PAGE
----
Monday, January 13, 2014

Black Snow

I was never an early riser, so when the phone rings at 5 AM it sets me off a bit. This particular time it was the morning announcer at the radio station I was employed by, telling me that his car wouldn’t start and asking, since I lived as close as I did to the building, if I’d sub for him and put us on the air at dawn. I was doubly unhappy about this request in that not only had he woke me up from what was a recently separated, fairly severely depressed and therefore abbreviated sleep, but even in my pre-dawn stupor I remembered talk of this scheduled to be the coldest day of the year, perhaps of the decade; in fact, likely of our collective lifetimes.

I said yes of course without hesitation, as I knew if I gave the question even a millisecond of consideration I’d say no and that two letters would certainly not help my budding career one bit. But once he’d thanked me and hung up, leaving me to the howl of the outside wind nearly eradicating the hum of the dial tone, I began to curse myself, my luck, my choices, my birth and my mother and father for ever having coupled; in spite of the fact that they were for the most part really nice folks and not at all to blame for my troubles.

I knew I had to hurry if I were to hit the transmitter switch just as the incredibly weak sun’s first rays broke the plane of the horizon and refused to go any further as it’s just too damn cold where we are and even the sun doesn’t want to live here. So I slammed on some random clothing and woolen socks, emulating the polar adventurers like Peary and Shackleton no doubt, skipped the tooth brushing as I sometimes would do, opting for gum instead, (a bad habit that has finally caught up to me in my dotage) slammed down a half cup of lukewarm microwaved coffee and lumbered outside and toward the door of my rental home’s detached garage.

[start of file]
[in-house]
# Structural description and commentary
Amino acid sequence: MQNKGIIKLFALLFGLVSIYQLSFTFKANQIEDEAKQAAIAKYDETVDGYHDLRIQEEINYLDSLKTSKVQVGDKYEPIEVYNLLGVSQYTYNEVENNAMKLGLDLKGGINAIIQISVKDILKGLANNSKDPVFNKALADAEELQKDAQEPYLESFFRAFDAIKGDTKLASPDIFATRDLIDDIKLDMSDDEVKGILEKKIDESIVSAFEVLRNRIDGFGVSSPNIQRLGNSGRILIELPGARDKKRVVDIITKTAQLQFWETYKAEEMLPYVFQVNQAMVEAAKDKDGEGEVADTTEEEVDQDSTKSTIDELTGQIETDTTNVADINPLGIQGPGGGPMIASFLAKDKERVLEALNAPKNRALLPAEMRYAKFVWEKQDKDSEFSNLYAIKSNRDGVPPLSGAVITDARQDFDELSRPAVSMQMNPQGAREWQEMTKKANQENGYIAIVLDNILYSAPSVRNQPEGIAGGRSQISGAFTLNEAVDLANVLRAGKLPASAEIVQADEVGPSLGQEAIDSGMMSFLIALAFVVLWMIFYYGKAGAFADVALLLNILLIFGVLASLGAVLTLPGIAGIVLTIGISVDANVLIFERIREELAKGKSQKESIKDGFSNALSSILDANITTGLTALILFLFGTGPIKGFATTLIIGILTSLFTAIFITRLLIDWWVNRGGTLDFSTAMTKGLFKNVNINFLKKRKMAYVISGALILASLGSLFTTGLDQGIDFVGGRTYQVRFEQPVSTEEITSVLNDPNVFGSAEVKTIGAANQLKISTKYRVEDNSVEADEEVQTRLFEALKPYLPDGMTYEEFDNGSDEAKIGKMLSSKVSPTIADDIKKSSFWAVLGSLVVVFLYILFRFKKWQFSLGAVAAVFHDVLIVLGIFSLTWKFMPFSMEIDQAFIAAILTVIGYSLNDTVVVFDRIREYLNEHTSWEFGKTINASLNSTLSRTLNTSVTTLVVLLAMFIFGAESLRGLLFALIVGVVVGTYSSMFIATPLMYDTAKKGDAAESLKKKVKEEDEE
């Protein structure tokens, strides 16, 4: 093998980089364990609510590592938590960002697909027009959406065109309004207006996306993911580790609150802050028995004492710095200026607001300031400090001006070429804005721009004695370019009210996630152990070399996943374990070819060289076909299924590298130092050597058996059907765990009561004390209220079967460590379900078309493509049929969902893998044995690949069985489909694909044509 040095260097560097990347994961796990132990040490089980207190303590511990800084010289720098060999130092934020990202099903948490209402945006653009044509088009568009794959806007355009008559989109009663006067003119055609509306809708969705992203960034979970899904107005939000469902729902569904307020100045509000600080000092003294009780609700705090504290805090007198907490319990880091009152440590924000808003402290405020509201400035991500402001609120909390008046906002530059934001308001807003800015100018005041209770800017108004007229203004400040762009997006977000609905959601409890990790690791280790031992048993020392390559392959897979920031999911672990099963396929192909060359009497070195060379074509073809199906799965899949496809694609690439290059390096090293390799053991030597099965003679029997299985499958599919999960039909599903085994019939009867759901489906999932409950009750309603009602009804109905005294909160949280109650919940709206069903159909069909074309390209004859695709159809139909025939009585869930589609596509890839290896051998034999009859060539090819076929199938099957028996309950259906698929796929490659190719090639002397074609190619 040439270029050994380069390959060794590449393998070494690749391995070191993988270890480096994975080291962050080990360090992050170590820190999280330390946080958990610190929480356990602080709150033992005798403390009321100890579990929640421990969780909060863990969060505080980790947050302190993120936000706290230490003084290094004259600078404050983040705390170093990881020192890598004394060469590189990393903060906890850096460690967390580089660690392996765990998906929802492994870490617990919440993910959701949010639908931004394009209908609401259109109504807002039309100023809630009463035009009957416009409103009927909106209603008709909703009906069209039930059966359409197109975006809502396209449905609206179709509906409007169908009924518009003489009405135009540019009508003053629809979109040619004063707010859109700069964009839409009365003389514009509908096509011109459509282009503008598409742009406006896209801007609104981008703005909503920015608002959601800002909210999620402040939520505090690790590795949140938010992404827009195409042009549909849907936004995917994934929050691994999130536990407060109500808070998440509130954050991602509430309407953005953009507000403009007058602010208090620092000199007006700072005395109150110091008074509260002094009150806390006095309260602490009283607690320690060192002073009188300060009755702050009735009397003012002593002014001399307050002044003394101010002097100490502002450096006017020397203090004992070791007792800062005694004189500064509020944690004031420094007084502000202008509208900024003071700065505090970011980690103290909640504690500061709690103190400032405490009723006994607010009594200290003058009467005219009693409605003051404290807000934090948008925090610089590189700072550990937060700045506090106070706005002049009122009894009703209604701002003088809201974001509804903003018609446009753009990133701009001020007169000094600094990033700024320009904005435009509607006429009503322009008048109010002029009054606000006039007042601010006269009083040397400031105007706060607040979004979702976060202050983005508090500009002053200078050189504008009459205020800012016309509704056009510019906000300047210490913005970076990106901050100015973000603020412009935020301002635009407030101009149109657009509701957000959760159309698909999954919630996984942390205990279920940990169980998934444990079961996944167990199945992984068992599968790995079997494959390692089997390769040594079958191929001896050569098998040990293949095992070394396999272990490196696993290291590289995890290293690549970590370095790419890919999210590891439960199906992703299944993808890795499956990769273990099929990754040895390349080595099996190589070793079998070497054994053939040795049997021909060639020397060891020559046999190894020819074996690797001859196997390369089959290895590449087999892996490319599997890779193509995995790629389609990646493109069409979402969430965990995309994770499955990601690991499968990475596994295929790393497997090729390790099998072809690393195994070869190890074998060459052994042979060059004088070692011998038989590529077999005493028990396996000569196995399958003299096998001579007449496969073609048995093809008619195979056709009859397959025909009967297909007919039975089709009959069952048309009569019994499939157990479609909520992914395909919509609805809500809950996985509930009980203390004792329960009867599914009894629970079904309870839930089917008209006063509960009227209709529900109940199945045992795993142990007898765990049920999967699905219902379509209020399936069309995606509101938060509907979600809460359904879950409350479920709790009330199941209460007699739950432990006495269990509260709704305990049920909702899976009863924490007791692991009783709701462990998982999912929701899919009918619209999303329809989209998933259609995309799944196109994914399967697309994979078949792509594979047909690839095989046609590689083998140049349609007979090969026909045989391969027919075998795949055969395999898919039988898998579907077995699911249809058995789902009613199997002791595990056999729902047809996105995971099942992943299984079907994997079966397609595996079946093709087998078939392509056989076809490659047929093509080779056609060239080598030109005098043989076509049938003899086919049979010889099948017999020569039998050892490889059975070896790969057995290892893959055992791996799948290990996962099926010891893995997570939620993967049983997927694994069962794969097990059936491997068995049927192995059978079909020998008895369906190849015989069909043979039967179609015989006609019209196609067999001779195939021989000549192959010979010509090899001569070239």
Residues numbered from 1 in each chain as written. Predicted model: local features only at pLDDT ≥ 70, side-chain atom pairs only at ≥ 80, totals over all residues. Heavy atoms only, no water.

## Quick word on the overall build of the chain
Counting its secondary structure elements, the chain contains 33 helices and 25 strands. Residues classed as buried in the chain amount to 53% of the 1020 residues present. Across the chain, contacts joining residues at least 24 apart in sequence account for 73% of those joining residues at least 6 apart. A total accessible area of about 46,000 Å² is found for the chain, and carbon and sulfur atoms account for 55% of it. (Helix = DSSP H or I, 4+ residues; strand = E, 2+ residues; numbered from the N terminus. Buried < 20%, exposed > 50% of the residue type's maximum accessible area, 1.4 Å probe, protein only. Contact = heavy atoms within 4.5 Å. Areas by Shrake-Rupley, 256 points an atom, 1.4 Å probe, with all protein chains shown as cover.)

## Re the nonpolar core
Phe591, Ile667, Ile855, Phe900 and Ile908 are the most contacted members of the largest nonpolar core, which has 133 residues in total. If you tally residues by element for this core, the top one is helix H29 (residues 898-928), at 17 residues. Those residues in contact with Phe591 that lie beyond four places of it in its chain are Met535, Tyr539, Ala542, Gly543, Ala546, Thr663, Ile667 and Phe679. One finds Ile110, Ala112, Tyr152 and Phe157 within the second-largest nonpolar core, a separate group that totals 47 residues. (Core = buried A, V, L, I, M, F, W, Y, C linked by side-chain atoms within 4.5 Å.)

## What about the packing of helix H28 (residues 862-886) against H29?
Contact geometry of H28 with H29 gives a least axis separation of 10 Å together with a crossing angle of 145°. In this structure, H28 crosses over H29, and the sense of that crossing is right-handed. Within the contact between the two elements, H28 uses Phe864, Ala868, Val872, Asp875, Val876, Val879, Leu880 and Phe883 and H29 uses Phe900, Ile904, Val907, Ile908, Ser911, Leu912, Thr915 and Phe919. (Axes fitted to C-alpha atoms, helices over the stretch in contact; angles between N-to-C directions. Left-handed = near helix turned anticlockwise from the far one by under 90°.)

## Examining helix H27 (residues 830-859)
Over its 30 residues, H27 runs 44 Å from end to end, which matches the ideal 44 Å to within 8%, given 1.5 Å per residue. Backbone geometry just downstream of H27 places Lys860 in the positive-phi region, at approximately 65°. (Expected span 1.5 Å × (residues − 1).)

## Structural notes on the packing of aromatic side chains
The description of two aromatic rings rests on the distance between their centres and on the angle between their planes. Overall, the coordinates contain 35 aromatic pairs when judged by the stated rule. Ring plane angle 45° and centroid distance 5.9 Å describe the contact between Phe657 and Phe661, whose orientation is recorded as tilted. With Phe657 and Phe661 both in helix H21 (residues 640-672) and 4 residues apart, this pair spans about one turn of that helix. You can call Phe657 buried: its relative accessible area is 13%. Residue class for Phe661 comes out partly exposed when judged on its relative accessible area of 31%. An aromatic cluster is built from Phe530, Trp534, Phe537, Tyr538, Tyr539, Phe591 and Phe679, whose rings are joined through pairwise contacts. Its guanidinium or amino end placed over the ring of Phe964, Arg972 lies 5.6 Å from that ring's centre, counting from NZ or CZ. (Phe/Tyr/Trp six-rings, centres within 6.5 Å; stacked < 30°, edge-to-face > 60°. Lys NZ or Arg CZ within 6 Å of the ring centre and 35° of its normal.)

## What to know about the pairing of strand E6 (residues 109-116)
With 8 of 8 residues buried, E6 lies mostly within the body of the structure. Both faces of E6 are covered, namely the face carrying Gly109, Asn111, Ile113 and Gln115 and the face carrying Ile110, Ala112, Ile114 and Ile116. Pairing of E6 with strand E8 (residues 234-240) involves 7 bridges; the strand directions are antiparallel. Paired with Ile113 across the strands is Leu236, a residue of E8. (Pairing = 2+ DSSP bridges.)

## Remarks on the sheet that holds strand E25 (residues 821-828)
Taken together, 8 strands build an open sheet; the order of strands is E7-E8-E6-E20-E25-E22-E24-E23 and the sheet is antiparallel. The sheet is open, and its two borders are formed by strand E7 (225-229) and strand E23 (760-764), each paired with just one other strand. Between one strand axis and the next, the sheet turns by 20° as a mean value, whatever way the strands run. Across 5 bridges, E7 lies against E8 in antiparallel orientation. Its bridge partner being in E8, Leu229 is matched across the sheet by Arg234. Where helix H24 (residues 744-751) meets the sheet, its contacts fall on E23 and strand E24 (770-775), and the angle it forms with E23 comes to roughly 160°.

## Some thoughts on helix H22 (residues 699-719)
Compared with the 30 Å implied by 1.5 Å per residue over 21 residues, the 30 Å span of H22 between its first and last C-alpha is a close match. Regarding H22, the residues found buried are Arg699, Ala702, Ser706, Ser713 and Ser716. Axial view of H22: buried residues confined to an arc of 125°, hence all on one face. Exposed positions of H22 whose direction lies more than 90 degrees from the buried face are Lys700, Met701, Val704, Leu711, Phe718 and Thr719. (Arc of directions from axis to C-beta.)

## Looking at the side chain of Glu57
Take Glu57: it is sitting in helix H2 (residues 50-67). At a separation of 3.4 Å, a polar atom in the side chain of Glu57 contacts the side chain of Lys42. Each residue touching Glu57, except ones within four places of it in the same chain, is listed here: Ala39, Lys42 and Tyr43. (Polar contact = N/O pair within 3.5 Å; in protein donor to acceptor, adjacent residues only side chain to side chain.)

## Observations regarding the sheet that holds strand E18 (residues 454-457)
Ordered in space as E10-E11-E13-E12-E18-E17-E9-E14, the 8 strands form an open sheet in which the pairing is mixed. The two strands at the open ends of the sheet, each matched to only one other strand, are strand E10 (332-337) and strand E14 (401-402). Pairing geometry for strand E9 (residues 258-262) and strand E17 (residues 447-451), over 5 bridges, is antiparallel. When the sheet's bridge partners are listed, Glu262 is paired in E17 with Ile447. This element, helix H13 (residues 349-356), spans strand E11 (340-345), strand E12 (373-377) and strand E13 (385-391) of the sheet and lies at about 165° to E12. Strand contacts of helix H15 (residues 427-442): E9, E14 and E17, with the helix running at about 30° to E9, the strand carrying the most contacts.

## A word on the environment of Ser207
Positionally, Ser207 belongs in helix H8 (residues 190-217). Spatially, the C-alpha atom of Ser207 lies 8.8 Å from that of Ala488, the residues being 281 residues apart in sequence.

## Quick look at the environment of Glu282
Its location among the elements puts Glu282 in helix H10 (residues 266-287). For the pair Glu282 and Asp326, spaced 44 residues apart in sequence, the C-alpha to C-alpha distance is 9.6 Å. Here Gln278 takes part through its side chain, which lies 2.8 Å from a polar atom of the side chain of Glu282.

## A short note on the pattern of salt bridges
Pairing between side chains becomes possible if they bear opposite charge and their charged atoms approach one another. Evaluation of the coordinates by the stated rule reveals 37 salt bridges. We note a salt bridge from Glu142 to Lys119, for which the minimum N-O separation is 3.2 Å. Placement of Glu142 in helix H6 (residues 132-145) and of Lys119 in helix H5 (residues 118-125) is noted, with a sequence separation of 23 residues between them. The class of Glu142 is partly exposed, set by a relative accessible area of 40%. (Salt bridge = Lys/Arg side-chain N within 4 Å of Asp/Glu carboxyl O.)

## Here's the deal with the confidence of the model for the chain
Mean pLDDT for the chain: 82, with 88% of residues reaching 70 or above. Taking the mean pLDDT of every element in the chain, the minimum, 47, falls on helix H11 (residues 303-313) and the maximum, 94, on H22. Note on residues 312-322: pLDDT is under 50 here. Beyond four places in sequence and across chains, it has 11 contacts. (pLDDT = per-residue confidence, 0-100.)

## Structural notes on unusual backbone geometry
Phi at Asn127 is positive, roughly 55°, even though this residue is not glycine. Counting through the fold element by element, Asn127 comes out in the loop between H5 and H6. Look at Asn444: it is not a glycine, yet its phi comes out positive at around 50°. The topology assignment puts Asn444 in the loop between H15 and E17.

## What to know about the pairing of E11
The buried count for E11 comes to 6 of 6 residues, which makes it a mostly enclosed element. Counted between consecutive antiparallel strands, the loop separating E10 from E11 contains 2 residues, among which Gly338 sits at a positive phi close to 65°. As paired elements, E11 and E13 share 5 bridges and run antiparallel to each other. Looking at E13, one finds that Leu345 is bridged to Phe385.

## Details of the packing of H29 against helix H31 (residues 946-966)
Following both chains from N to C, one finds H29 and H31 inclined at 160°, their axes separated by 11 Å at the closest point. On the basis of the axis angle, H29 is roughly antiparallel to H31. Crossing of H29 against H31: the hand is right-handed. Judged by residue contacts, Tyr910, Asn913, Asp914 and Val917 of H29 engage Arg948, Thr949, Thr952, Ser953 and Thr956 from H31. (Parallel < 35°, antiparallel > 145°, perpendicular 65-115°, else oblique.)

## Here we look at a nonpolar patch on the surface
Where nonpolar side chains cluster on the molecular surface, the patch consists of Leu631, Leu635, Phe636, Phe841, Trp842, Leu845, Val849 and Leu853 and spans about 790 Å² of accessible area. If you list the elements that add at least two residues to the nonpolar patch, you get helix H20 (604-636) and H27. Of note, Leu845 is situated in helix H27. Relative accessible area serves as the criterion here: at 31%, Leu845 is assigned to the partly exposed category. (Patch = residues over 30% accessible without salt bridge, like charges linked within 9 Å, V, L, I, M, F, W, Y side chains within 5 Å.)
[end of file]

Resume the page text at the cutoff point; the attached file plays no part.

I knew, naturally, that my car wouldn’t start either; but I had to try. Red Fred, a 1965 Chevy station wagon had been with me for five years by that point; had survived a two thousand mile round trip to armpit Montana where I’d worked and been jettisoned from my last big time DJ job, and had generally been a reliable ride for an old, peeling rust blob. But he did have one character flaw; he just hated the cold. Fine thing for a Minnesota vehicle, I hear you, but there it is. He was a whiny beyatch when the real Northwest Territories skin scrapers came to call, and this morning he didn’t even grunt in indignation.

After gently kicking him, as I liked to do when I felt the need, I hunkered into my cold weather coat, presenting as thin a profile as I could, pulled my face mask tight around that lovely space between one’s shoulders and face which seems to enjoy freedom from coverage, and stepped out into the street; or at least what I assumed was the street but only because I could recall the distance between my house and the road and this seemed about the right distance.